The final statements of the Winograd Report were publicized on Wednesday, January 30. There reports summary, read allowed by presiding committee chairman, retired Tel Aviv District Court Judge Eliahu Winograd, were not anything really different that what had been said previously, concerning how Prime Minister Olmert and other officials handled the Lebanon II war in 2006. Though tow of the main “players” , former Chief of Staff Dan Halutz and Defense Minister Amir Peretz were already no longer in their appointed positions, they were surely watching the proceedings from either their homes, offices, or (in the case of Halutz) the Tel Aviv showroom of the BMW motor car importer at which he now works as a salesman.

The 34 day war cost 25 billion Shekels ( $ 7.6 billion), caused more than 300,000 Israeli citizens to abandon their homes in the north for safer locations further south, saw 3.912 Ketiusha rockets land in Israel and resulted in more than 180 fatalities ( more than 50 being non-combatants). Some of the final conclusions of the report, as read allowed by Judge Winograd included:

“Not only were military actions not planned properly, they were not carried out according to an organized plan of action”.

“The management and coordination of the ground operations at the end of the conflict brings the most serious questions of responsibility to mind”.

The report points final responsibility towards both top ranking military and government authorities, making them directly responsible for the outcome of the war. Although no specific names were directly mentioned, it doesn’t take much imagination to figure out who the report was referring to within the realm of “final responsibility”.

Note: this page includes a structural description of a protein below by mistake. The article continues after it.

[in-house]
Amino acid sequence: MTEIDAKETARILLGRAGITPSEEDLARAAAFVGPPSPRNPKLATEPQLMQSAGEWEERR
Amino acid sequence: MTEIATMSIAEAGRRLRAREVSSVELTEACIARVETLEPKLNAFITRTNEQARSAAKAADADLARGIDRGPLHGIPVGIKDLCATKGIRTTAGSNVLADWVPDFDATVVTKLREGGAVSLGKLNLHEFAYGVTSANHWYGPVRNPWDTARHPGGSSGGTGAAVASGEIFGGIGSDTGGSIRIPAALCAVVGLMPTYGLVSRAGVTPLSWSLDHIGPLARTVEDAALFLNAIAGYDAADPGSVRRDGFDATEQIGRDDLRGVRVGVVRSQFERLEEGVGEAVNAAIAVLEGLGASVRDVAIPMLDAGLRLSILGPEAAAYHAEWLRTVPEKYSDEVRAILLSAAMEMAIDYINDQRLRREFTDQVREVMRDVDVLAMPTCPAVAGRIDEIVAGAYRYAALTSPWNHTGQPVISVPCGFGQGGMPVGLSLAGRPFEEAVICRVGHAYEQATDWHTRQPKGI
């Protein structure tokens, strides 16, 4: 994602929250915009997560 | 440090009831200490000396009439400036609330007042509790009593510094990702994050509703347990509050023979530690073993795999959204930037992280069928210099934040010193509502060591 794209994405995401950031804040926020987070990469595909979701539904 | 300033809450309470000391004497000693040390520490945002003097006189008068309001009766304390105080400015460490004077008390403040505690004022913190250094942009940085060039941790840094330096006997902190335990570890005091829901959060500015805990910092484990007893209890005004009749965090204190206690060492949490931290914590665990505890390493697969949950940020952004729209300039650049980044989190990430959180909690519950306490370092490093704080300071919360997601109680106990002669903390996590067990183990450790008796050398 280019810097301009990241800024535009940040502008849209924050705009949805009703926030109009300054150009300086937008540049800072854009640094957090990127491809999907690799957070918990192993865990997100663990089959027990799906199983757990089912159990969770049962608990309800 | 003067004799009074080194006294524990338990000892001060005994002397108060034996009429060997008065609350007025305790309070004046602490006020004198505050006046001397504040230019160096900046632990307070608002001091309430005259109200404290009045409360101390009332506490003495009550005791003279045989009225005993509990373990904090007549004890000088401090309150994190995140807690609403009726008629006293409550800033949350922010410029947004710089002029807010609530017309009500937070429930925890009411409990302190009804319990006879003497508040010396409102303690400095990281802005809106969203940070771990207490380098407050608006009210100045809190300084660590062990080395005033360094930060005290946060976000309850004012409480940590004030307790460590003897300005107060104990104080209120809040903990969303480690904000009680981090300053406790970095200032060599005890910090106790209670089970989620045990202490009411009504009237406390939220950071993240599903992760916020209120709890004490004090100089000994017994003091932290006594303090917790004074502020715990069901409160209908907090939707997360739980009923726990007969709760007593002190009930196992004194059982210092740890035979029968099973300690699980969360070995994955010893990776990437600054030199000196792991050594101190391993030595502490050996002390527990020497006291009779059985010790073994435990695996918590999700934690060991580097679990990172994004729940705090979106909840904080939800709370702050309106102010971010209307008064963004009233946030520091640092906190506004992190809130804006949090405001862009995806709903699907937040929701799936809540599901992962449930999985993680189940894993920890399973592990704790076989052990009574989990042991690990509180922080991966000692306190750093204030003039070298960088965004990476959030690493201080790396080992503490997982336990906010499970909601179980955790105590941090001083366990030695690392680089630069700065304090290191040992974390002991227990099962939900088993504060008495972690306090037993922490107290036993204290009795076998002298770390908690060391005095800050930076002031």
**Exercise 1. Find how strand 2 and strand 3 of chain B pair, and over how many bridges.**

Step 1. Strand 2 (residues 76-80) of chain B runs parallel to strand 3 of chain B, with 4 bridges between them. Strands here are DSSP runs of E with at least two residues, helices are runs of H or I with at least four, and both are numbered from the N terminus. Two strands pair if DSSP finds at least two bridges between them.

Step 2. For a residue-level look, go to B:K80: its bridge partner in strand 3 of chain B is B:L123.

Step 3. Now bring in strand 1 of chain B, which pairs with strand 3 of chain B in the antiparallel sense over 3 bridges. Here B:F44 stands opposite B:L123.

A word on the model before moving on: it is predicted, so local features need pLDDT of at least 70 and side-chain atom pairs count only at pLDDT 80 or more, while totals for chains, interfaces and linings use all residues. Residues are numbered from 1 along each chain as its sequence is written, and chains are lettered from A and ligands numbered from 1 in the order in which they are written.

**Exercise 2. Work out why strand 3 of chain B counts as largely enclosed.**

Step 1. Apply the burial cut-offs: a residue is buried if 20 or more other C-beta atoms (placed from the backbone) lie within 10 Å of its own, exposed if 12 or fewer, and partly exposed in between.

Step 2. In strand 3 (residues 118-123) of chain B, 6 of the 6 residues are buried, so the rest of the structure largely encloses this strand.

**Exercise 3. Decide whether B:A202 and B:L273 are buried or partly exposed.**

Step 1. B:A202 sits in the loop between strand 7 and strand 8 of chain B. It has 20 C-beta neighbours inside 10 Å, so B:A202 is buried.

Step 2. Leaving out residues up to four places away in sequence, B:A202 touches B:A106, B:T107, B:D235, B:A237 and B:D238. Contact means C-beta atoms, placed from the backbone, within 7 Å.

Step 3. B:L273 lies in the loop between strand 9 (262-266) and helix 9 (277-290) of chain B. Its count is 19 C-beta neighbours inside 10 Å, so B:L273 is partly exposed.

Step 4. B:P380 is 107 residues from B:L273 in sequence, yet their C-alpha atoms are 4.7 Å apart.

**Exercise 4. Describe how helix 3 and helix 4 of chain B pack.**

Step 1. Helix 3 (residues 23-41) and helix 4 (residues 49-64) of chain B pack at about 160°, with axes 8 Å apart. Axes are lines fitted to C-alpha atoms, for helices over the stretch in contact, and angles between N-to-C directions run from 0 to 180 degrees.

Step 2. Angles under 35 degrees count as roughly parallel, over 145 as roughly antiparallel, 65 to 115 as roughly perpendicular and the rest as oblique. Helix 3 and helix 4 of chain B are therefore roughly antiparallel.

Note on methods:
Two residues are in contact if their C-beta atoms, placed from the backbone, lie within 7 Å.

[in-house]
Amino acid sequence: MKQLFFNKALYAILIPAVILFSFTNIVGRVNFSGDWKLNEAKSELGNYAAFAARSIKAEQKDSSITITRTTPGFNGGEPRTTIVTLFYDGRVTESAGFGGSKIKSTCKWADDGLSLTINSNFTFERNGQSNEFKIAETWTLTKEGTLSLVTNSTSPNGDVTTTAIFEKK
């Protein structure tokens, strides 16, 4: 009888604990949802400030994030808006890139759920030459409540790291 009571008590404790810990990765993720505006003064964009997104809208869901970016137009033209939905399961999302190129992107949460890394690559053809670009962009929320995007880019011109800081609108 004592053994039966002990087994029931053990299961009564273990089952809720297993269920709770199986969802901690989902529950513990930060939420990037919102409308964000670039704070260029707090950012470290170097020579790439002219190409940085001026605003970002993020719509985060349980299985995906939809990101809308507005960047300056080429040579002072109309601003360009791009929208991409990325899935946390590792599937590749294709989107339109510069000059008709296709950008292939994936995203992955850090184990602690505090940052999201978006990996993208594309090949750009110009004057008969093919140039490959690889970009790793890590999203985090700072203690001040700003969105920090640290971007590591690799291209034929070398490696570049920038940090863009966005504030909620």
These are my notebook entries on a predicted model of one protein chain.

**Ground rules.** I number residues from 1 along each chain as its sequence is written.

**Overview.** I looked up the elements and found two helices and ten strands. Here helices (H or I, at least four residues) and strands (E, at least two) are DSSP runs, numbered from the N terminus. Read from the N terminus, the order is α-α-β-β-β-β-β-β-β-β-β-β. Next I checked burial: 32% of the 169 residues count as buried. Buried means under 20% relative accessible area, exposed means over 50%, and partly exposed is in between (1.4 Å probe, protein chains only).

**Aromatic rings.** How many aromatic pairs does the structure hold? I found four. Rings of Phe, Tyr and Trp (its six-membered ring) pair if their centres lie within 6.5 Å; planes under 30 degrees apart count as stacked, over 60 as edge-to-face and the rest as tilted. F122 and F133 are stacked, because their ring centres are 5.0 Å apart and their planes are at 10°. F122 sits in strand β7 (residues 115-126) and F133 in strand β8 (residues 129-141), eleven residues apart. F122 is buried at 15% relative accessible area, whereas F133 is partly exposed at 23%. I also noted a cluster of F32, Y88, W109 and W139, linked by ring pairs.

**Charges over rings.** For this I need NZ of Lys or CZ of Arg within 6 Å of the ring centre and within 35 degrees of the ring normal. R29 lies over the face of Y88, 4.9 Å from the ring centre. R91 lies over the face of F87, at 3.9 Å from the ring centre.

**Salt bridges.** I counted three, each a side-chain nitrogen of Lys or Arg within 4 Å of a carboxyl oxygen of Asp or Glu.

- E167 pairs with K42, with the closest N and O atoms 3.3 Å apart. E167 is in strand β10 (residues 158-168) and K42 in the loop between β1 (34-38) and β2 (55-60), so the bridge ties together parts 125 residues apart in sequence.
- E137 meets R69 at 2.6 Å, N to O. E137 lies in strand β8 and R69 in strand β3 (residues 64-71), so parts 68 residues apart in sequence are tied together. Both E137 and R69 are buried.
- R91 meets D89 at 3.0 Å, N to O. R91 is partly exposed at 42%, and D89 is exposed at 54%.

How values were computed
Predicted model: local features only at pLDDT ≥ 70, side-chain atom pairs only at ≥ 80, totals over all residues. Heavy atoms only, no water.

Although the report summary did note that the ground action was something that was considered necessary, the report concluded that “serious faults were found in both military and governmental strategies, particularly in regards to the manner in which the ground operations were carried out”.

Although not mentioned in the report’s summary, the full text of the final report most likely mentions issues such as why reserve soldiers with little on-going combat training and inadequate equipment and supplies (especially food and water) were required to result to foraging in enemy territory which included drinking water out of Hezbollah canteens and eating their food as well.

Many other issues are probably in the 700 + page report, including how the government mishandled the plight of the country’s civilian population, including the ones who languished in dirty, poorly ventilated shelters, or fled south to stay either with benevolent private citizens or in tent cities provided by philanthropists such as Arkady Gaydamak.

Ironically, a poll conducted following the issuance of the final report showed 42% of respondents saying that Olmert should stay in power, while 27% favored news elections as soon as possible.

While the conclusions of the report does not actually call on any of the “high ranking military and public officials” to resign their positions, if they have not already done so, it does leave it to the political parties and the general public to make their own conclusions as to what needs to be done, in light of the reports findings. With all the current criticism being levied at “those at the very top” it remains to be seen if the people’s voice will be heard. One thing for sure, is that other people are interested in the report’s findings, including that bearded guy wearing a turban who is probably sitting in his office or meeting room, going over the report while drinking mint tea. His personal and political future also hinges on what develops in the wake of the findings of this report.